White House and Republican congressional negotiators are close to agreement on the numbers for a budget deal this year. But disagreement on policy and pressure on the Republican establishment from tea-party-backed members of Congress will make it difficult to reach an accord before the April 8 deadline to avoid a government shutdown, Politico reports.
The White House has agreed to spending cuts that would put the budget for the fiscal year ending Sept. 30 only $6 billion above the $1.052 trillion target that House Republicans seek.
But Republicans say that, for a deal to be reached, the White House will have to make major concessions on legislative riders attached to the budget bill. If the administration doesn’t agree to the legislative riders, the level of spending cuts would have to increase, a person familiar with the negotiations told Politico.
Meanwhile, Republican fiscal hawks seek more extreme spending cuts. They are drafting an alternative budget for fiscal 2012 to rival the GOP leadership’s spending plan. So once again, the Republican Party is split over the size of spending reductions that should be enacted, Politico
reports. The alternative budget is coming out of the Republican Study Committee (RSC).
The tea party movement backs the idea. Chris Littleton, a leader of an umbrella organization for tea parties in Ohio, chooses the stance of Ohio Rep. Jim Jordan, chairman of the RSC, over fellow buckeye John Boehner.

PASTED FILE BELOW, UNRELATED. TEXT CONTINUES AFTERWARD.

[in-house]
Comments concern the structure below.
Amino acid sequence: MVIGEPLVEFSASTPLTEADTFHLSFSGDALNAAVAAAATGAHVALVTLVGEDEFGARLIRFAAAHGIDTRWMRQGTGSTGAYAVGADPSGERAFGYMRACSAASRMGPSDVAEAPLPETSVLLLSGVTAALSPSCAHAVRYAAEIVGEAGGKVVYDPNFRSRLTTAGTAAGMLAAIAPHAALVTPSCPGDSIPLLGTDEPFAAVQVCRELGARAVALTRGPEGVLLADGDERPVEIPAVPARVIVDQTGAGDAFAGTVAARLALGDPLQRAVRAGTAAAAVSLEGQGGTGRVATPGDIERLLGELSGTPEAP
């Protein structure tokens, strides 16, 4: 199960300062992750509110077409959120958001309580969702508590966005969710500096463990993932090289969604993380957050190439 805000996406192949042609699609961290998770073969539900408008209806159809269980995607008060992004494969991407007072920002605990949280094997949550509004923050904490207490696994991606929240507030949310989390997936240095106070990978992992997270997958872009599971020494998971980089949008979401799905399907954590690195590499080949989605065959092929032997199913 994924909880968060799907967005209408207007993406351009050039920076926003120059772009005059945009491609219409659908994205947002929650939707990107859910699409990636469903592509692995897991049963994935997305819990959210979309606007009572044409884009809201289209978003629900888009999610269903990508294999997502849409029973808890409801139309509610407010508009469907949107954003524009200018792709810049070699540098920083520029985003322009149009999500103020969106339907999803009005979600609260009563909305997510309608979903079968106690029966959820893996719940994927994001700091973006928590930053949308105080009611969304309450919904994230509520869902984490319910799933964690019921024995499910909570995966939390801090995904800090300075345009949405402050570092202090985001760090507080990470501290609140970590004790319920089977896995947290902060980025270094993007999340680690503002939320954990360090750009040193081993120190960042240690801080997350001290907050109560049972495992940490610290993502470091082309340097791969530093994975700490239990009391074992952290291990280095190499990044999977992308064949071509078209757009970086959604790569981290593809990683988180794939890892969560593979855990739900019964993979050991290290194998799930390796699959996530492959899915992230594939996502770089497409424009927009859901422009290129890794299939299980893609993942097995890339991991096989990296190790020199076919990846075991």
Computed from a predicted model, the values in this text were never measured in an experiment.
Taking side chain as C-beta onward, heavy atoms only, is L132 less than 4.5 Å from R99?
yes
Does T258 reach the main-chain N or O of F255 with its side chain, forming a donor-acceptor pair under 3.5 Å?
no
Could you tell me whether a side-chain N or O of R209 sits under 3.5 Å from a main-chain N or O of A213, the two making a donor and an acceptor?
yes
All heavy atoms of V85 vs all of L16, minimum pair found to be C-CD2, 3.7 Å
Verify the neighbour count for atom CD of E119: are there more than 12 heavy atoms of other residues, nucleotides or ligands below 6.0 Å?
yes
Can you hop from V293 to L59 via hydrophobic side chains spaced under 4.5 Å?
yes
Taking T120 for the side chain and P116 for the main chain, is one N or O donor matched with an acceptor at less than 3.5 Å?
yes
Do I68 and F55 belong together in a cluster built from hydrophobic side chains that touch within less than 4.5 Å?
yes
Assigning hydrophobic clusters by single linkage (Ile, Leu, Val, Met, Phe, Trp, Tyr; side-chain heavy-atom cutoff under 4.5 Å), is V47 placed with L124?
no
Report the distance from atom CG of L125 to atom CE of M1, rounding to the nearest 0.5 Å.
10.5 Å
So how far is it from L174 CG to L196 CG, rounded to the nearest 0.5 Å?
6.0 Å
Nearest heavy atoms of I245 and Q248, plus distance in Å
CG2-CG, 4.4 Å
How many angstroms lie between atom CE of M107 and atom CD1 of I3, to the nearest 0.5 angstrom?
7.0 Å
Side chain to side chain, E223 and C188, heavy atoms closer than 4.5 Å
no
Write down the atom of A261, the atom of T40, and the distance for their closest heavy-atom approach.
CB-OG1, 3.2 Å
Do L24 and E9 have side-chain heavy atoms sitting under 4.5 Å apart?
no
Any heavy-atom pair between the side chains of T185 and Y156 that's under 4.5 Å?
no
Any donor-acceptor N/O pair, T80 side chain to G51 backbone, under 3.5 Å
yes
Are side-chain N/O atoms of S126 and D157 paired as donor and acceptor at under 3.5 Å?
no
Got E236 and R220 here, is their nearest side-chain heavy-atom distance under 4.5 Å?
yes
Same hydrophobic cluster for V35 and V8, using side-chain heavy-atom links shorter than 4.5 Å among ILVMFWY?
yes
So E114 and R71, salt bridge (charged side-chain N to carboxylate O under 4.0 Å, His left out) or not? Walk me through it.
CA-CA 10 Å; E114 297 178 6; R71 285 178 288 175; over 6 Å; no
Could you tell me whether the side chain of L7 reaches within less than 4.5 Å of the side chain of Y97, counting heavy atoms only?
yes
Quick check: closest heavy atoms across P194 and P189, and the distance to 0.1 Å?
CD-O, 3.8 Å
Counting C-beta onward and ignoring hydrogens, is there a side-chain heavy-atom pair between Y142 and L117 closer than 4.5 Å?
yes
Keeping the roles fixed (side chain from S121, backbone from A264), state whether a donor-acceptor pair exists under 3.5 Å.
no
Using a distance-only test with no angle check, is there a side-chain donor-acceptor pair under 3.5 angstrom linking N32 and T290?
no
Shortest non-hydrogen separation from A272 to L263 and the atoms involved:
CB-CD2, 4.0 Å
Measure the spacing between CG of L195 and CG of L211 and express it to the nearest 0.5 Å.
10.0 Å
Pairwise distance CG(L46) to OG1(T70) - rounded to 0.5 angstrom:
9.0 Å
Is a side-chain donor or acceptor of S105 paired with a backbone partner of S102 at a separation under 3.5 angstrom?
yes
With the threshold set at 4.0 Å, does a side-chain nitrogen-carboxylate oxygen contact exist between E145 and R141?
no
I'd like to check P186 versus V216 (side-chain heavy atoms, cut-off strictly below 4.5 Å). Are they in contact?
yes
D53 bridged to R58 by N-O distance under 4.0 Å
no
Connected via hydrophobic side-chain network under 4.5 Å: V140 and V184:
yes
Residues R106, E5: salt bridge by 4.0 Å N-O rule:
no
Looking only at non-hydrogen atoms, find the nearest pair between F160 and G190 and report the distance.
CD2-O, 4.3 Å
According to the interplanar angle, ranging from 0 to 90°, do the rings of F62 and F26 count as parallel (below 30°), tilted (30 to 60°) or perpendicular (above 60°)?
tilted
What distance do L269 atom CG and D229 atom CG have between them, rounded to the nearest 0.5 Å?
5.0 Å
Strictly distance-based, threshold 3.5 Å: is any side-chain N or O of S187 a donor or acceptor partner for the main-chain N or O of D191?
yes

“We can see you got a guy like Jim Jordan, who is also Ohio based, but he’s Republican Study Committee, has been a whole lot more aggressive on this, Littleton told Politico. “We’re very much supportive of his approach of being more aggressive. And you got Boehner and the — I’ll call them tenured — other Ohio Republican congressmen — who aren’t as aggressive.”
Democrats are trying to exploit the split between Boehner and conservative congressmen. They hope the divide between the two sides will widen, noting that 54 Republicans defected from their leaders on the last stop-gap budget the House approved, The Hill
Democratic leaders, particularly New York Sen. Charles Schumer of New York, have accused repeatedly Boehner of giving in to tea partyers, as the Democrats seek to push him away from the conservatives’ stance.
Boehner is in a difficult position, because making a deal with Democrats would lead the most conservative Republican congressmen to revolt. Schumer and other Democrats would be able to say that Boehner broke from the tea party movement, which would further roil relations between the speaker and the Republican base.
But if Boehner doesn’t compromise with the Democrats, a government shutdown could ensue, alienating moderate voters.
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